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The city bright below; and, far away,

Sparkling in golden light, his own romantic bay.
“ Tall spire, and glittering roof, and battlement,

And banners floating in the sunny air ;
And white sails o'er the calm blue waters bent,
Green isle, and circling shore, are blended there,
In wild reality. When life is old,

And many a scene forgot, the heart will hold
“ Its memory of this ; nor lives there one

Whose infant breath was drawn, or boyhood's days
Of happiness were pass'd beneath that sun,
That in his manhood's prime can calmly gaze
Upon that bay, or on that mountain stand,

Nor feel the prouder of his native land." Mr. Allston published, about ten years ago, in England, a little volume of poems, entitled —" The Sylphs of the Seasons." The style of the principal poem reminds us often of some of Gray's odes. The Sylphs are supposed severally to address the poet, and to disclose the influences which they shed upon him. Among other things, the Sylph of the Spring says, that her enchantments operated upon him

brooding o'er some forest rill,
Fringed with the early daffodil,
And quivering maiden hair ;
When thou hast marked the dusky bed
With leaves and water-rụst o'erspread,
That seemed an amber light to shed

On all was shadowed there.
“ 'Twas I to these the magic gave,

That made thy heart, a willing slave,
To gentle nature bend ;
And taught thee how with tree and fower,
In converse sweet to pass the hour,

As with an early friend." There is something very agreeable in the conclusion of the last stanza. But Mr. Allston's sonnets are perhaps as good as any of his poems. There is one upon Michael Angelo's Last Judgment; one on that exquisite group of Raffaelle, representing the three angels appearing to Abraham ;--one on the picture of Eolus, by Tibaldi, which (we mean the picture) we never could admire ;-and lastly, a sonnet on the “ Jacob's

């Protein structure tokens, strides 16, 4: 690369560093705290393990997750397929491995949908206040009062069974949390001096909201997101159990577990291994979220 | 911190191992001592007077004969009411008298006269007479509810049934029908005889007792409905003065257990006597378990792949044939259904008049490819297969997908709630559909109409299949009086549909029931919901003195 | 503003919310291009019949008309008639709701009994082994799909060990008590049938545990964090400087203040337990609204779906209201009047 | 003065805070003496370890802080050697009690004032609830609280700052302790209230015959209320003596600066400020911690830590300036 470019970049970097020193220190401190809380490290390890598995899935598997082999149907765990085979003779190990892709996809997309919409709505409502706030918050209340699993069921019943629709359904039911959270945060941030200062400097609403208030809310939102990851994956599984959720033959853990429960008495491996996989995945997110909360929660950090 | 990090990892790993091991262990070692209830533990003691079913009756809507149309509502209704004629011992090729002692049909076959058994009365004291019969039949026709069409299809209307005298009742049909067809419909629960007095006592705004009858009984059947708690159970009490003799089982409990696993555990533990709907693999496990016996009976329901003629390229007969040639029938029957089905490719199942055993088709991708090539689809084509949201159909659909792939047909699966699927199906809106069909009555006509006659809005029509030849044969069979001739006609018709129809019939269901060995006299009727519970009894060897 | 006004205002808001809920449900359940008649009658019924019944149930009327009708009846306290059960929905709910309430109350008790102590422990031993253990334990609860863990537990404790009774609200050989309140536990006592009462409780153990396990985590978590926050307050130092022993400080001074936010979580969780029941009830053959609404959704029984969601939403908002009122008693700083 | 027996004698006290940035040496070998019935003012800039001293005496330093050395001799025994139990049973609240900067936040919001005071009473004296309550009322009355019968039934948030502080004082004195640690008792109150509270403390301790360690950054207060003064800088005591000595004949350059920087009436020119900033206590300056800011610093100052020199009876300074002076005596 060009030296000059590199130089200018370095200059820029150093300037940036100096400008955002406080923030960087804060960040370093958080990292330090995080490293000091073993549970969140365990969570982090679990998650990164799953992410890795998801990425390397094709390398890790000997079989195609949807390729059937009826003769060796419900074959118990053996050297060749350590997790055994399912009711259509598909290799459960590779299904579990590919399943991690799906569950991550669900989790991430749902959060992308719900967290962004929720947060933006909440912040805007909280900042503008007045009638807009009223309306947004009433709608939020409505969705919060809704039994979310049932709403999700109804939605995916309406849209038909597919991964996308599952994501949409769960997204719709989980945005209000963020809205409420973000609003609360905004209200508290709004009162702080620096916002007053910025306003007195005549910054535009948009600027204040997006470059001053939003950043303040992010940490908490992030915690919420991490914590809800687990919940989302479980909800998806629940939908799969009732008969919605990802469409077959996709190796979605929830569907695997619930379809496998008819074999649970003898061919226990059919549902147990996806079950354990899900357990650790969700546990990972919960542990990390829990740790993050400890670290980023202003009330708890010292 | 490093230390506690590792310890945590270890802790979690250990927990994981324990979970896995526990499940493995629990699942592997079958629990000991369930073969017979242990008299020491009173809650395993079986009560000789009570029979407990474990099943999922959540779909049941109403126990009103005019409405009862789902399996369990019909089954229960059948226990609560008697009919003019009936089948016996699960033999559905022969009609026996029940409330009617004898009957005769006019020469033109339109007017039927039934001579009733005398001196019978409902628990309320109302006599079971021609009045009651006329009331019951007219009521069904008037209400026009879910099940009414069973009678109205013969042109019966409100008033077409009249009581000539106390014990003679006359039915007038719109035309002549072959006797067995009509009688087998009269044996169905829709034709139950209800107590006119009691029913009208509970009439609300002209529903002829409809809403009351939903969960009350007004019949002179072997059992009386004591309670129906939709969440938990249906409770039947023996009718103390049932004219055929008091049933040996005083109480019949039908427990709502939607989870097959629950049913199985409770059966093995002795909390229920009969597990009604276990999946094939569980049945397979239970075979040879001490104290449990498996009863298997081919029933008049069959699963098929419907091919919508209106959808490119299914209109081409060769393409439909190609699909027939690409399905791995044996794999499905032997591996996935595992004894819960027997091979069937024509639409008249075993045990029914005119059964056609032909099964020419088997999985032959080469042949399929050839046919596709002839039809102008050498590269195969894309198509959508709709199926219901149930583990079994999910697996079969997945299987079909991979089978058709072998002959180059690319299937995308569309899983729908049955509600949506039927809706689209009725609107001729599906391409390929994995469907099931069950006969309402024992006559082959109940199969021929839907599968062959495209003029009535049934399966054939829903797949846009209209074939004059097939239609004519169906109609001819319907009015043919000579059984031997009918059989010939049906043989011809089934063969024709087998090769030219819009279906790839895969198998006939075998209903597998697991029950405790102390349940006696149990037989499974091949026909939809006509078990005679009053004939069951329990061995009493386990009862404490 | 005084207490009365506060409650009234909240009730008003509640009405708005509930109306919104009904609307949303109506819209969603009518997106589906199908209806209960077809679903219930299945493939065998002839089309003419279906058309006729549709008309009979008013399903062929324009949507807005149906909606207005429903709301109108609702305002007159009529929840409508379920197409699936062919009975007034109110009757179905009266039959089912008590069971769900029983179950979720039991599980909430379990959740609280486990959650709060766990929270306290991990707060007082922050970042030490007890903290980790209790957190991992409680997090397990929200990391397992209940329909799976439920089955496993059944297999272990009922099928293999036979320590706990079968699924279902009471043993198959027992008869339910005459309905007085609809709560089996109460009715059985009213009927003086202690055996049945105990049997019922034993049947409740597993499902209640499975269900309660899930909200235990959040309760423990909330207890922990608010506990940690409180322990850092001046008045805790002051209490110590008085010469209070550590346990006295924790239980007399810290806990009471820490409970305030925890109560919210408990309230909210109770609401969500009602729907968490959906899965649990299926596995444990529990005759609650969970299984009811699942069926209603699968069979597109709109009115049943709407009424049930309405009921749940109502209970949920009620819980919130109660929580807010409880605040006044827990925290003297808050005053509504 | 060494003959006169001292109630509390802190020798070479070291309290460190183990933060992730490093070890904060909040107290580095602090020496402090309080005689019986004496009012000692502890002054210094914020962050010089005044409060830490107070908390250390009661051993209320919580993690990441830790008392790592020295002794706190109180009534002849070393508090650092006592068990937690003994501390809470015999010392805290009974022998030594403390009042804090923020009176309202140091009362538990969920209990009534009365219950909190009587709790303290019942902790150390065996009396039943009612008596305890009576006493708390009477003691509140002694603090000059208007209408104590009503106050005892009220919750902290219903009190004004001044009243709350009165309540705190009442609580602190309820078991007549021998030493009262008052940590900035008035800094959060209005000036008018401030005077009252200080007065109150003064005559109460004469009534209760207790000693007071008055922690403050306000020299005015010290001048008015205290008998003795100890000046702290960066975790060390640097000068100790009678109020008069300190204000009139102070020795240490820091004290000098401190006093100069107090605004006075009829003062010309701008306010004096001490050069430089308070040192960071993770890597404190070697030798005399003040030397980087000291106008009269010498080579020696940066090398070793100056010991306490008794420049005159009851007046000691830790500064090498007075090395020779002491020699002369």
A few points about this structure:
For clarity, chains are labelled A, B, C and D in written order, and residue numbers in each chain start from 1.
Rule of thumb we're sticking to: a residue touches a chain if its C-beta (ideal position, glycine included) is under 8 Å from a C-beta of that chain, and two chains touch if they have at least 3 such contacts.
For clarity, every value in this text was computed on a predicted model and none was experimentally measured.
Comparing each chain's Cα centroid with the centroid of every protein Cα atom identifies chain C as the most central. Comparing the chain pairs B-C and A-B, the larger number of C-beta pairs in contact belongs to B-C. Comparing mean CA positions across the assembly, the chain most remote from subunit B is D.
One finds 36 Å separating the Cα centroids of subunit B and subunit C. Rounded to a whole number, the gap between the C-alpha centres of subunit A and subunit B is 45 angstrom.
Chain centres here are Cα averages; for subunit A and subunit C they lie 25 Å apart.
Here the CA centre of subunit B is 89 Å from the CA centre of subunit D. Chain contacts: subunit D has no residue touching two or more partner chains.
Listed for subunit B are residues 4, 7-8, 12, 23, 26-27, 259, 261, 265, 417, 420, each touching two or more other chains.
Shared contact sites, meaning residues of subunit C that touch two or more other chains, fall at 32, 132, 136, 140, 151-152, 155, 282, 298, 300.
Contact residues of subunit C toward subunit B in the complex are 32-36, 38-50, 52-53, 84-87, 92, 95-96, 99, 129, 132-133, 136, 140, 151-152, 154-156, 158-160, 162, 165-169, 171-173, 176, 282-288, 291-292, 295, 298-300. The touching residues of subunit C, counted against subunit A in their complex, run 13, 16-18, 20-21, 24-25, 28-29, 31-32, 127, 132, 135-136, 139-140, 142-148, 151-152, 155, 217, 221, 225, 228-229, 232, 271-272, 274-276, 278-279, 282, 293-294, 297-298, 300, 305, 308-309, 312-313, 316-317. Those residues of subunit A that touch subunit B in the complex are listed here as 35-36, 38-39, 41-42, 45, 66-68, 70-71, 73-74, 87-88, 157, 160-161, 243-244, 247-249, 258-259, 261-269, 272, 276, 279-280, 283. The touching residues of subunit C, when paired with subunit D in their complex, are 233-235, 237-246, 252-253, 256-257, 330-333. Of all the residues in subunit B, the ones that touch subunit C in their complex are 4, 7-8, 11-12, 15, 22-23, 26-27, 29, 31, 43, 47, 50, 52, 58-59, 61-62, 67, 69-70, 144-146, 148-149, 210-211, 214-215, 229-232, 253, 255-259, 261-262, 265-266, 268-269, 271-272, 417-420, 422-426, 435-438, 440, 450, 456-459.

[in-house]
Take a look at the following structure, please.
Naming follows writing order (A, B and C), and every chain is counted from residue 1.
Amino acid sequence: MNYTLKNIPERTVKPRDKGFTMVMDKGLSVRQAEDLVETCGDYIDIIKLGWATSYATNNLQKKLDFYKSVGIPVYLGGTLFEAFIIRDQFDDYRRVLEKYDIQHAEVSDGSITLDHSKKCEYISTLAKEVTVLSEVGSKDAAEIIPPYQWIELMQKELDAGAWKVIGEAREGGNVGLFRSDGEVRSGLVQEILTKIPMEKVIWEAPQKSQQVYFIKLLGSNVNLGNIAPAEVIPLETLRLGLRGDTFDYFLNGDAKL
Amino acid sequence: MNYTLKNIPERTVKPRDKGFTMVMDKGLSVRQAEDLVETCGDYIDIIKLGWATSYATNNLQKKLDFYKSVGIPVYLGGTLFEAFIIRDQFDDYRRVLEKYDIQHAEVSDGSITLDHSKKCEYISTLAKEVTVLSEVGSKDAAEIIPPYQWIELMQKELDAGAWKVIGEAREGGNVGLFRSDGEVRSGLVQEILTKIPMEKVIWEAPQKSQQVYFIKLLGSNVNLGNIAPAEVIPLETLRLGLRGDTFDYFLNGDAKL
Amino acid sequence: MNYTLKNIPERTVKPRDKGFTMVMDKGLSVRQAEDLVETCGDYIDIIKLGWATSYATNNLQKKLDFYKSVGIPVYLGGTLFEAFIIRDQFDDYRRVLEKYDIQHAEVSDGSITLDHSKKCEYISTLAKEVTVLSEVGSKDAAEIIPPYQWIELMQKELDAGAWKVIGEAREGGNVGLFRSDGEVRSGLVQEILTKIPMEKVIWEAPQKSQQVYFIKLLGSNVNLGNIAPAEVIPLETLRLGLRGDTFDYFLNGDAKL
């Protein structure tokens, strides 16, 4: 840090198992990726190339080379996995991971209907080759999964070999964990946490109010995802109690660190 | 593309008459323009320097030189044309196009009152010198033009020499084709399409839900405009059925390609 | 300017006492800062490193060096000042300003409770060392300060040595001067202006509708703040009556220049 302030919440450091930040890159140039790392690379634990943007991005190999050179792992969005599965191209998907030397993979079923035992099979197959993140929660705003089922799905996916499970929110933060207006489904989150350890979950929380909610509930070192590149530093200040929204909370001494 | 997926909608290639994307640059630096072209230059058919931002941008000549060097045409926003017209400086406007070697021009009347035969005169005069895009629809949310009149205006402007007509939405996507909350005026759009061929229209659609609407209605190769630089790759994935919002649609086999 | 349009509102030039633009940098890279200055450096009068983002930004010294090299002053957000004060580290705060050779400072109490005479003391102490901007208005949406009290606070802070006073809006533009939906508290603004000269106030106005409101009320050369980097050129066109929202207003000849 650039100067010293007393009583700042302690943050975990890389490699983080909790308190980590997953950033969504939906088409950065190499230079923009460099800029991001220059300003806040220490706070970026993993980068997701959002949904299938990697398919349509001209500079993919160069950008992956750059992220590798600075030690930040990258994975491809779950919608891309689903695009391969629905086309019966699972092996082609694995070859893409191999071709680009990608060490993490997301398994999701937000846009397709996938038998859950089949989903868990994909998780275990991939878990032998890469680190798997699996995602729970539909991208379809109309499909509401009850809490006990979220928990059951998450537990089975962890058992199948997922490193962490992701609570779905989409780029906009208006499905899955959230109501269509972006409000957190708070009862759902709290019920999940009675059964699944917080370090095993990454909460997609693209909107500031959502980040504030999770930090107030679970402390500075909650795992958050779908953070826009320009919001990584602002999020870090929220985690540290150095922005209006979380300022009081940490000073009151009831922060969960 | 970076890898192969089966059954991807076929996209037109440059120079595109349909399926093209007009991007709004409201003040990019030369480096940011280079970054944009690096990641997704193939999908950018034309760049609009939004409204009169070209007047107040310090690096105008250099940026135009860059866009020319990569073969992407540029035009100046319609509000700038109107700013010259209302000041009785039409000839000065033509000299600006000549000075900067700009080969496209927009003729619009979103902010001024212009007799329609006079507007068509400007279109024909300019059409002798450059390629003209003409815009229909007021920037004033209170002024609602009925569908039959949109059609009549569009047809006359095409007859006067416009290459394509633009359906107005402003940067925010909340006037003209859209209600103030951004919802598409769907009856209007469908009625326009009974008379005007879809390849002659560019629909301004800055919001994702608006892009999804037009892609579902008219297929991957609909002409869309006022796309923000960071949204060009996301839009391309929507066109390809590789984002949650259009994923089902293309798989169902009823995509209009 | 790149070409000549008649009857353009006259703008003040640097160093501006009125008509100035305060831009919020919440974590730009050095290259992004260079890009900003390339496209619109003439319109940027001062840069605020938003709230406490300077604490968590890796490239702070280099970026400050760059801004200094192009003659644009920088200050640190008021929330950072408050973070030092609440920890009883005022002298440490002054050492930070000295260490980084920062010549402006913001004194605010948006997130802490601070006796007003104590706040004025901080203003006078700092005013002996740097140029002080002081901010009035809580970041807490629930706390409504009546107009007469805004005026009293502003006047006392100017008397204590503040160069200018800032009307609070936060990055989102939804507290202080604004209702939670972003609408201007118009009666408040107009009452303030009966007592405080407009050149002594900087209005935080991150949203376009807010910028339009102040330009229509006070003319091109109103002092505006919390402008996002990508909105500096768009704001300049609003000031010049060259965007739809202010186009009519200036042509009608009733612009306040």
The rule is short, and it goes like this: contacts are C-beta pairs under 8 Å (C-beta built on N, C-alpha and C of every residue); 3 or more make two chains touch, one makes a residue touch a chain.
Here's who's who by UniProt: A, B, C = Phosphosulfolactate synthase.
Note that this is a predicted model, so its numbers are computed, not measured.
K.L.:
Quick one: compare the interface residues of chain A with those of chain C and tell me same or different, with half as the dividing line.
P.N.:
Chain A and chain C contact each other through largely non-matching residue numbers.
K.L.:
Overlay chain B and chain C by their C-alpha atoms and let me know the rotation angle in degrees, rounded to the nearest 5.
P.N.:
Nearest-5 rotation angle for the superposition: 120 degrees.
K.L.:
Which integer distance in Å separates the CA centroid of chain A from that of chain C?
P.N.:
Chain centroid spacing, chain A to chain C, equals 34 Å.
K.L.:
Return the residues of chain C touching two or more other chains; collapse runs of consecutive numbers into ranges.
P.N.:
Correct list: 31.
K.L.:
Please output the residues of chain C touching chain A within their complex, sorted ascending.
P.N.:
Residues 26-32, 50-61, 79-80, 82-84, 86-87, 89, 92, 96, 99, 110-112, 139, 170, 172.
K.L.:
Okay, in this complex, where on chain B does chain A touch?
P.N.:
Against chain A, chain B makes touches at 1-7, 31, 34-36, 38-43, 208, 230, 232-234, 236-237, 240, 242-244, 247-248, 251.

dream” of Rembrandt. This picture, which we have often dwelt on when in the Dulwich gallery, is one of the grandest and most shadowy visions that ever visited the waking dreams of an artist. The sonnet is as follows:

“ As in that twilight superstitious age,

When all beyond the narrow grasp of mind
Seems fraught with meanings of supernal kind,
When e'en the learned philosophic sage,
Wont with the stars through boundless space to range,
Listened with reverence to the changeling's tale;
E'en so, thou strangest of all beings strange!
E'en so thy visionary scenes 1 hail ;
That like the ramblings of an idiot's speech
No image giving of a thing on earth,
Nor thought significant in reason's reach,
Yet in their random shadowings give birth
To thoughts and things from other worlds that come,
And fill the soul and strike the reason dumb."

Our next extract is from an exceedingly pretty and graceful poem by Mr. Bryant; and is addressed To a Waterfowl.